The ongoing Royal Commission into Misconduct in the Banking, Superannuation and Financial Services Industry has shone a white-hot spotlight on the quality and value of financial advice and financial advisors.
I retired from the financial services industry three years ago, having spent 37 years as a chartered accountant and financial advisor. During that time, I witnessed the whole gamut of advice practices, from the malignant to the magnificent. The malpractices uncovered by the royal commission were not new to me and have been part of the fabric of the financial services industry and financial planning for decades. (I am being very careful to use the terminology ‘industry’ to describe financial services in Australia and not the word ‘profession’. I will come back to this characterisation later.)
The constant flow of bad news about financial advisers has created a real credibility problem for the industry. Australians need good quality financial advice more than ever but who can they trust?
Notwithstanding the revelations in the royal commission, there is still a strong core of well-regarded, highly ethical, client-focussed advisers who provide a highly valued service for Australians. But how do you find them? Before I get into that in my next column, it is useful to understand the history of the industry to comprehend how it has arrived at this impasse.
The reasons for the current malaise in the industry are largely founded in the way the industry was first born and developed. The financial planning industry was effectively born out of the life insurance sales industry. A key early development was with the introduction of lump-sum taxes on superannuation in 1983. Prior to this, all super payments were tax-free.
This led to the development of investment products such as ‘approved deposit funds’ and ‘deferred annuities’, the use of which allowed people with super to reduce or eliminate the impact of the new lump-sum taxes. In its early stages, the industry was essentially a sales and distribution platform for these products – there was very little in the way of actual advice but plenty of earnings for ‘advisers’ in the form of commissions. Businesses, which previously were just stockbroking firms, suddenly emerged as financial planning businesses because it meant they could now sell financial products other than simply buying and selling shares for their clients.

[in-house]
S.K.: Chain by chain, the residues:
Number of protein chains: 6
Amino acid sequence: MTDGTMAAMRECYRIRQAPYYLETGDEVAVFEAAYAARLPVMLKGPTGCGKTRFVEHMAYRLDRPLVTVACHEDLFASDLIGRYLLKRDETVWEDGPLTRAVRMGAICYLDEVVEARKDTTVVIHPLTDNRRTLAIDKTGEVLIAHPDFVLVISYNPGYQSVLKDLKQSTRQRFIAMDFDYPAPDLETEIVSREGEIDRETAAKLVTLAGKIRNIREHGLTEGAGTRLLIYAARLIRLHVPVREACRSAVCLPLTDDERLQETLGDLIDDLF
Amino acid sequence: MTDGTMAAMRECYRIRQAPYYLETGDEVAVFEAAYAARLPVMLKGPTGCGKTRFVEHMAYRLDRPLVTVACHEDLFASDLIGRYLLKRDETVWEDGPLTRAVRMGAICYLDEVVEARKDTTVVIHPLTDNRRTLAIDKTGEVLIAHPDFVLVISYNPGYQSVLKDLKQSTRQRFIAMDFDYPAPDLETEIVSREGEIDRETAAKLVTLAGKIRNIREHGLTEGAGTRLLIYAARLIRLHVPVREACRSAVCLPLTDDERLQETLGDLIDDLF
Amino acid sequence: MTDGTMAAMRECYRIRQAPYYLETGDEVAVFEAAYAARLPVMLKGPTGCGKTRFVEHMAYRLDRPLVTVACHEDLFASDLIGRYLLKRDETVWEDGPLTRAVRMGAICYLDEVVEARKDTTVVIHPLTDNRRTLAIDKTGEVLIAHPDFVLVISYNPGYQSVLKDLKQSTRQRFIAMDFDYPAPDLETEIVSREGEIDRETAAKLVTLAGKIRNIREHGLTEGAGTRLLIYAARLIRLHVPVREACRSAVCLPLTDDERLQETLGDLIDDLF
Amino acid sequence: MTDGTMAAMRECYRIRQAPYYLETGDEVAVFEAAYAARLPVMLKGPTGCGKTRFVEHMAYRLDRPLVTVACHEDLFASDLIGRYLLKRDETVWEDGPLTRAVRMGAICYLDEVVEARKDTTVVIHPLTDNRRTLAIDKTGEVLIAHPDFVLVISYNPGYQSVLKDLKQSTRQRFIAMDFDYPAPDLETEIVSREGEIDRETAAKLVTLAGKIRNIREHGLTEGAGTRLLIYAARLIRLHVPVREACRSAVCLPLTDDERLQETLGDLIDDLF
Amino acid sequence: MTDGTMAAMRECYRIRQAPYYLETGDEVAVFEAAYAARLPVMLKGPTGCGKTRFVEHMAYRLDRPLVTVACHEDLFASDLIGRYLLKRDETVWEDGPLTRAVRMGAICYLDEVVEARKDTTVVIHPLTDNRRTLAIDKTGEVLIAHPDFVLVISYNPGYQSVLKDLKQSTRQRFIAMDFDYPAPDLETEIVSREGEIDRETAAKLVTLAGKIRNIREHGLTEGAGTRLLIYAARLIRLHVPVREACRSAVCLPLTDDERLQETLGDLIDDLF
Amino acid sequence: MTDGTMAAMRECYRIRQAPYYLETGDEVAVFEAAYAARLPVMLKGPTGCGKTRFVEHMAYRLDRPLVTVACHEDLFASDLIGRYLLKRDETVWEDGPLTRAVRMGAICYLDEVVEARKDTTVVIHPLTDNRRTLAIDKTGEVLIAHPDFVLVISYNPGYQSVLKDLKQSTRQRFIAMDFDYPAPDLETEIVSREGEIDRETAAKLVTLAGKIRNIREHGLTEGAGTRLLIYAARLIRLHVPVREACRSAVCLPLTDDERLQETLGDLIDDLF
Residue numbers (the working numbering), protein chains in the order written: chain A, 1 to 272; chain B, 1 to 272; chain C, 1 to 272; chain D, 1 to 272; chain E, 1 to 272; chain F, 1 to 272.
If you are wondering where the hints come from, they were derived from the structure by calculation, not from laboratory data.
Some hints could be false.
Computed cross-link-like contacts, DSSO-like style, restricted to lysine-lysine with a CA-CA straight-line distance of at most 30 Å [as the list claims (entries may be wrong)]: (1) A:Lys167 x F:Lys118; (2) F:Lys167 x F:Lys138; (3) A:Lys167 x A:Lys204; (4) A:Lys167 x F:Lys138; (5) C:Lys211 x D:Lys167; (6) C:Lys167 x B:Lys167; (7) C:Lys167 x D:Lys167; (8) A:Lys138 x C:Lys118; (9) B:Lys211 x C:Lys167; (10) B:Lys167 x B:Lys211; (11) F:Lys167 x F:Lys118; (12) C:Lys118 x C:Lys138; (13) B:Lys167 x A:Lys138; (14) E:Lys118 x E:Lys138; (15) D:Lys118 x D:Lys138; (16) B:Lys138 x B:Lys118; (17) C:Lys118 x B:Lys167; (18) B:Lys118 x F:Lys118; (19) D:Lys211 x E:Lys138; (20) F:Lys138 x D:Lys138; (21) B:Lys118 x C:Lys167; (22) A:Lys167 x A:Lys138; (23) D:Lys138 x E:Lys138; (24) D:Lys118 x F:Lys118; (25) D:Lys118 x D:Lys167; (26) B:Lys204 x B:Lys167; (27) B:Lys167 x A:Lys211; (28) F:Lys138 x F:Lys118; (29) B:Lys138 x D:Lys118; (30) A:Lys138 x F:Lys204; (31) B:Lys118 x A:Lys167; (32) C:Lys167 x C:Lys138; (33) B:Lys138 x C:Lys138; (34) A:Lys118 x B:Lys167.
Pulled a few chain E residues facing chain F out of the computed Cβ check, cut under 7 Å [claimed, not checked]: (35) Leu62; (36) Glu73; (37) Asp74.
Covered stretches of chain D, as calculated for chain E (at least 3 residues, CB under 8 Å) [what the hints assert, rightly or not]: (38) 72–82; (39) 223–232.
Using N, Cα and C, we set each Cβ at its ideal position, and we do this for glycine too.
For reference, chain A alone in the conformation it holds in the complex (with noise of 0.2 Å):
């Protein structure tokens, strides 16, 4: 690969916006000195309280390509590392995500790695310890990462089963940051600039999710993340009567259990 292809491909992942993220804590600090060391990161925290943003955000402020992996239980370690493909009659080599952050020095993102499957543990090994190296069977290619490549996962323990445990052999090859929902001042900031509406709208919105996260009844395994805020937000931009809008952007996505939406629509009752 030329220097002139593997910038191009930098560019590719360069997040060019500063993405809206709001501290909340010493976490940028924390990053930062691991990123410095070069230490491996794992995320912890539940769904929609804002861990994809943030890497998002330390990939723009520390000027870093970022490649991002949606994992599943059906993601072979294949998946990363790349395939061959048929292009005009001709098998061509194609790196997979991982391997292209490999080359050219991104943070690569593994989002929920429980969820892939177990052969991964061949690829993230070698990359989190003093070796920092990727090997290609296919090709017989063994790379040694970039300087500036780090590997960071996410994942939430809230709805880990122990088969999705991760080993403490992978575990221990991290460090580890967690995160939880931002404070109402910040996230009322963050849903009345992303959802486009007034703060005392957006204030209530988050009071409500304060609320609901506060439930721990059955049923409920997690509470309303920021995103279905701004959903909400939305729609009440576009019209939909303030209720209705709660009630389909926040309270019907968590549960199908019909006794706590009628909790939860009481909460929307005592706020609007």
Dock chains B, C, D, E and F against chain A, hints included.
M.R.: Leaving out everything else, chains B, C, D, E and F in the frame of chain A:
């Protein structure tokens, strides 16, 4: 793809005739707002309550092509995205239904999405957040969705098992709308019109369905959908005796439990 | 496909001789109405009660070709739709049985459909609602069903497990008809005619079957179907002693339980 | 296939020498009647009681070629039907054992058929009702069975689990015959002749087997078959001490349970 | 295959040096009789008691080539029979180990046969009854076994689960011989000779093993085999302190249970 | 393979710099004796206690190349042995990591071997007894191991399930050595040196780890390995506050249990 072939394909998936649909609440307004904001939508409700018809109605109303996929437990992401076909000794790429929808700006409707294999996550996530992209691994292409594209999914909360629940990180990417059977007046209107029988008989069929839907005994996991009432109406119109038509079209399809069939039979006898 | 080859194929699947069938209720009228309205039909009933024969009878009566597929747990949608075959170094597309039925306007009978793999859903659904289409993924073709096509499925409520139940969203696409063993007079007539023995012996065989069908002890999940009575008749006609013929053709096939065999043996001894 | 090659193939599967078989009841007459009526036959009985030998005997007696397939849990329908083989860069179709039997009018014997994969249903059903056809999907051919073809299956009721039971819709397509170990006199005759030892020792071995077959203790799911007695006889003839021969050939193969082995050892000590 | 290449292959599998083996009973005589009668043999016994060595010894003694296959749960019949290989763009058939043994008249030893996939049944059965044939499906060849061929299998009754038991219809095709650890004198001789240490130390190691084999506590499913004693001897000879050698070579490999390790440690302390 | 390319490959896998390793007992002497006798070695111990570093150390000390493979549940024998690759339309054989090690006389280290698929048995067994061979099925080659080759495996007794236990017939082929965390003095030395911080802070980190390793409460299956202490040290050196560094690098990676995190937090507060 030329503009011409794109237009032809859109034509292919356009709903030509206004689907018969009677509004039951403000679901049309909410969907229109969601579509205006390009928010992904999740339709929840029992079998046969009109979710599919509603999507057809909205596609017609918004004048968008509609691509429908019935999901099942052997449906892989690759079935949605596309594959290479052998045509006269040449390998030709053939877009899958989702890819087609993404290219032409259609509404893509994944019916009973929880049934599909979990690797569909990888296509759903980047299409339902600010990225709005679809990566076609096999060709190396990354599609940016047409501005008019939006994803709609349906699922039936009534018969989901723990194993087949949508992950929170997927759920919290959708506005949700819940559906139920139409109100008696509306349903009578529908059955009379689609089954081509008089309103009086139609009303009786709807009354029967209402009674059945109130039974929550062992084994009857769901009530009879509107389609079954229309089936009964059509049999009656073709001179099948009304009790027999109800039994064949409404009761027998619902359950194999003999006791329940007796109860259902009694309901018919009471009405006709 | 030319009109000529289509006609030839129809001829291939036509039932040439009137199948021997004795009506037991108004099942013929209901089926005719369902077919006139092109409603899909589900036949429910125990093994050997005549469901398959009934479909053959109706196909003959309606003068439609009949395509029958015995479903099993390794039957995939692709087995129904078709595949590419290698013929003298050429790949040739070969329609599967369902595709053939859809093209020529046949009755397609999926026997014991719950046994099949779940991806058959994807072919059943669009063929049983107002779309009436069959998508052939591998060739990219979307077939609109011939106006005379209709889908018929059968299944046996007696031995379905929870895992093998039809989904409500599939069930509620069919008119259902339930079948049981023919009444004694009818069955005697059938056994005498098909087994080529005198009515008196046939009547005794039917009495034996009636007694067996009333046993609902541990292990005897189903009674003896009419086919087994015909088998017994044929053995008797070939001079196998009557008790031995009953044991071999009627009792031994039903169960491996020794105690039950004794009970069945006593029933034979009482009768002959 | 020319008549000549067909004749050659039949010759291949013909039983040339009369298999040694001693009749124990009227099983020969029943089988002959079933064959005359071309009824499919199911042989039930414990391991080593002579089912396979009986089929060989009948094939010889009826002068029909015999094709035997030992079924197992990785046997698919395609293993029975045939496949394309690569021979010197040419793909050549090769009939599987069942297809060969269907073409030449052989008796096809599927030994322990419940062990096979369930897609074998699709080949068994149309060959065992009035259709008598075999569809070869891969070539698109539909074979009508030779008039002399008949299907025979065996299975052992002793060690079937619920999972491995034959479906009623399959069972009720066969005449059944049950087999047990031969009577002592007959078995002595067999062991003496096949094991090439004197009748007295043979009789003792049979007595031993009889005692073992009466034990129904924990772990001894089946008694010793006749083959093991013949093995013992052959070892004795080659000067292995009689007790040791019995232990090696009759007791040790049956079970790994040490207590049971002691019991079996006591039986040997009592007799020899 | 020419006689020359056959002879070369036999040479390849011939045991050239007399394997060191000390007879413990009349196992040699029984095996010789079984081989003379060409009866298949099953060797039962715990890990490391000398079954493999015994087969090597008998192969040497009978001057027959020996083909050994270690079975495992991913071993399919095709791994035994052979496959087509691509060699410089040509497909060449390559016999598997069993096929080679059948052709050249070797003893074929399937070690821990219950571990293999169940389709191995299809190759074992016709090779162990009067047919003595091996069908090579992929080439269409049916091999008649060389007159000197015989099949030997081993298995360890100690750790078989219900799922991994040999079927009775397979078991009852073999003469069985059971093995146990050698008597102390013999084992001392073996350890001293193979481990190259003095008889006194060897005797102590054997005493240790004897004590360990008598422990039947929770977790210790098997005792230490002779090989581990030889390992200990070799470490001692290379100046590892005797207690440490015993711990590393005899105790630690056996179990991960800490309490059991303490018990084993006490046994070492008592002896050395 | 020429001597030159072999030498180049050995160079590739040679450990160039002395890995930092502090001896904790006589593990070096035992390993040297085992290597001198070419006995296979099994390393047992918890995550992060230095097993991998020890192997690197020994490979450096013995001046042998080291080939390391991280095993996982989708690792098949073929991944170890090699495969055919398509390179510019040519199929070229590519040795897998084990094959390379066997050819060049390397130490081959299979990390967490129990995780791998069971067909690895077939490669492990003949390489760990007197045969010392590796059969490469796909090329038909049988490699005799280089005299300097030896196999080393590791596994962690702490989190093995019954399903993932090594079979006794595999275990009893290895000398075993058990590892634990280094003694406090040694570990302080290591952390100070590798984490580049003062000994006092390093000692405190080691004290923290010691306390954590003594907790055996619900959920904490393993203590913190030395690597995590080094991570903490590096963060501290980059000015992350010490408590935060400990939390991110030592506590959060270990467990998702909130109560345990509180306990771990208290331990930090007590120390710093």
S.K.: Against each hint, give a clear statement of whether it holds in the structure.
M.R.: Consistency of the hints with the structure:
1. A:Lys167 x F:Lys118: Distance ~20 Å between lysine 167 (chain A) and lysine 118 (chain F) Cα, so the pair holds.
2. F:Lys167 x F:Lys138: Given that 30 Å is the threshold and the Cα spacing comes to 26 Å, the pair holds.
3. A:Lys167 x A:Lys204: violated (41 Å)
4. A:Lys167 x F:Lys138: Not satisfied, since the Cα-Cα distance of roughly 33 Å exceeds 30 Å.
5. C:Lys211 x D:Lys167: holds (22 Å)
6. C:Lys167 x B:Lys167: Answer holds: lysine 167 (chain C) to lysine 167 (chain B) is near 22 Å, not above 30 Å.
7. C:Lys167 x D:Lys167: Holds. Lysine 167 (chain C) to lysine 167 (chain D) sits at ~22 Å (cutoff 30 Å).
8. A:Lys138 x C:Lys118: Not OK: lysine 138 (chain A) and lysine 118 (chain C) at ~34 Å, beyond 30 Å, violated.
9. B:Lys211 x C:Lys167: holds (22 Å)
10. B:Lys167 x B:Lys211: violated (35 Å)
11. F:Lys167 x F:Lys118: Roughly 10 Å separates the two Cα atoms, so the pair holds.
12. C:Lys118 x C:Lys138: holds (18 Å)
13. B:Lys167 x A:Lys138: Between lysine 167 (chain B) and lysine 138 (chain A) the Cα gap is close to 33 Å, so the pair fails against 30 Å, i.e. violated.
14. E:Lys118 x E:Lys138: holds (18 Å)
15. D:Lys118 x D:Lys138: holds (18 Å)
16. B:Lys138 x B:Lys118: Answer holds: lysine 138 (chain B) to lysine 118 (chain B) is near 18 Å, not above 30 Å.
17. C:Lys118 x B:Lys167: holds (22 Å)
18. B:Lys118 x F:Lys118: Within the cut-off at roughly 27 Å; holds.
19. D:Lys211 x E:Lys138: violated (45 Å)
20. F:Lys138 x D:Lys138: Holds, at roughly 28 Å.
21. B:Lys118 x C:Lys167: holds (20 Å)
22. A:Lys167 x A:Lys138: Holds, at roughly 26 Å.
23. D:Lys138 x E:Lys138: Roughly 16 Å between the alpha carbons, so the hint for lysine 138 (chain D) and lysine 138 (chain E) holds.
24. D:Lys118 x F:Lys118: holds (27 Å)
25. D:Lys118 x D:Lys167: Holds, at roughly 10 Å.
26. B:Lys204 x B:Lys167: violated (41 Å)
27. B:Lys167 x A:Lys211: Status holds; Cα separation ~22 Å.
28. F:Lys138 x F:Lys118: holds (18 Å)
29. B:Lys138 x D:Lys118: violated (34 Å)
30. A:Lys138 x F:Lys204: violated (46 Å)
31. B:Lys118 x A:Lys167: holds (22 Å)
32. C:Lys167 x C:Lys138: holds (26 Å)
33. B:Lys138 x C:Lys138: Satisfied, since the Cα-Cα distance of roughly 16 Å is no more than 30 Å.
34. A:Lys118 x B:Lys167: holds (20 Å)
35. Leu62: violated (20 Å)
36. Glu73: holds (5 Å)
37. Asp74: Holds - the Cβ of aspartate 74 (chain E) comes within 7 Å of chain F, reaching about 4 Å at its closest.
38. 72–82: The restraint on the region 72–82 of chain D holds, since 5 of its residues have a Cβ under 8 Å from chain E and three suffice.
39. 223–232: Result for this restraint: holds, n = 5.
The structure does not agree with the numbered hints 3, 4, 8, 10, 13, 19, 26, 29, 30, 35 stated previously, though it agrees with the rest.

The introduction of the compulsory superannuation system in the early 1990s was a huge shot of adrenaline for the financial planning industry. Suddenly there was an enormous, legislated opportunity for the whole industry and a proliferation of products and services started to emerge in both super and non-super segments.
In time, some financial planning businesses actually commenced providing advice but this was relatively limited. The way in which clients paid for advice in the early days was largely upfront and then eventually through ongoing commissions. The ongoing commissions structures, where advisers are paid year after year by product providers and not the client, is at the root of the fees-for-no-service problem identified by the royal commission. This payment system (which is really just glorified sales commissions) resulted in clients (some deceased) paying fees, year after year, funded from their investments and receiving little or no service.
Hardly the hallmark of a profession!
Over time, more and more domestic and international fund managers and banks entered the rapidly growing Australian market, providing an ever-increasing number of financial products and services. All of these institutions needed to have a way to distribute (sell) their products and services and the emerging financial planning industry, with its connection to clients, represented an ideal opportunity. The larger institutions (particularly banks and insurance companies) wanted to be in a position to make money from all aspects of financial services – advice, administration and funds management. This led to what we now call vertical integration which has been roundly criticised in the royal commission.
Until recently, more than 80 percent of registered financial planners worked directly or indirectly for the banks or other large, vertically-integrated institutions. This unhealthy relationship between product manufacturers and advisers who work for the same master is at the core of many of the problems that exist in the industry today. When client’s best interests are subservient to a commercial relationship with product providers, it is very difficult to see clients getting the best outcome. Sales-based incentives massively intensified this problem over the years.
Over time, industry organisations started to emerge, such as the Financial Planning Association (FPA) in 1992, which, with 14,000 members, is currently the largest industry association in the financial planning industry. Originally, the FPA was dominated by institutional members, including employees of banks and insurance companies and fund managers, but over time it has morphed into a body representing all advisers – but it remains an industry association and not a professional body. The FPA is now attempting to reinvent itself as a professional body and whilst I applaud this, there is some distance to travel before it achieves that noble objective.
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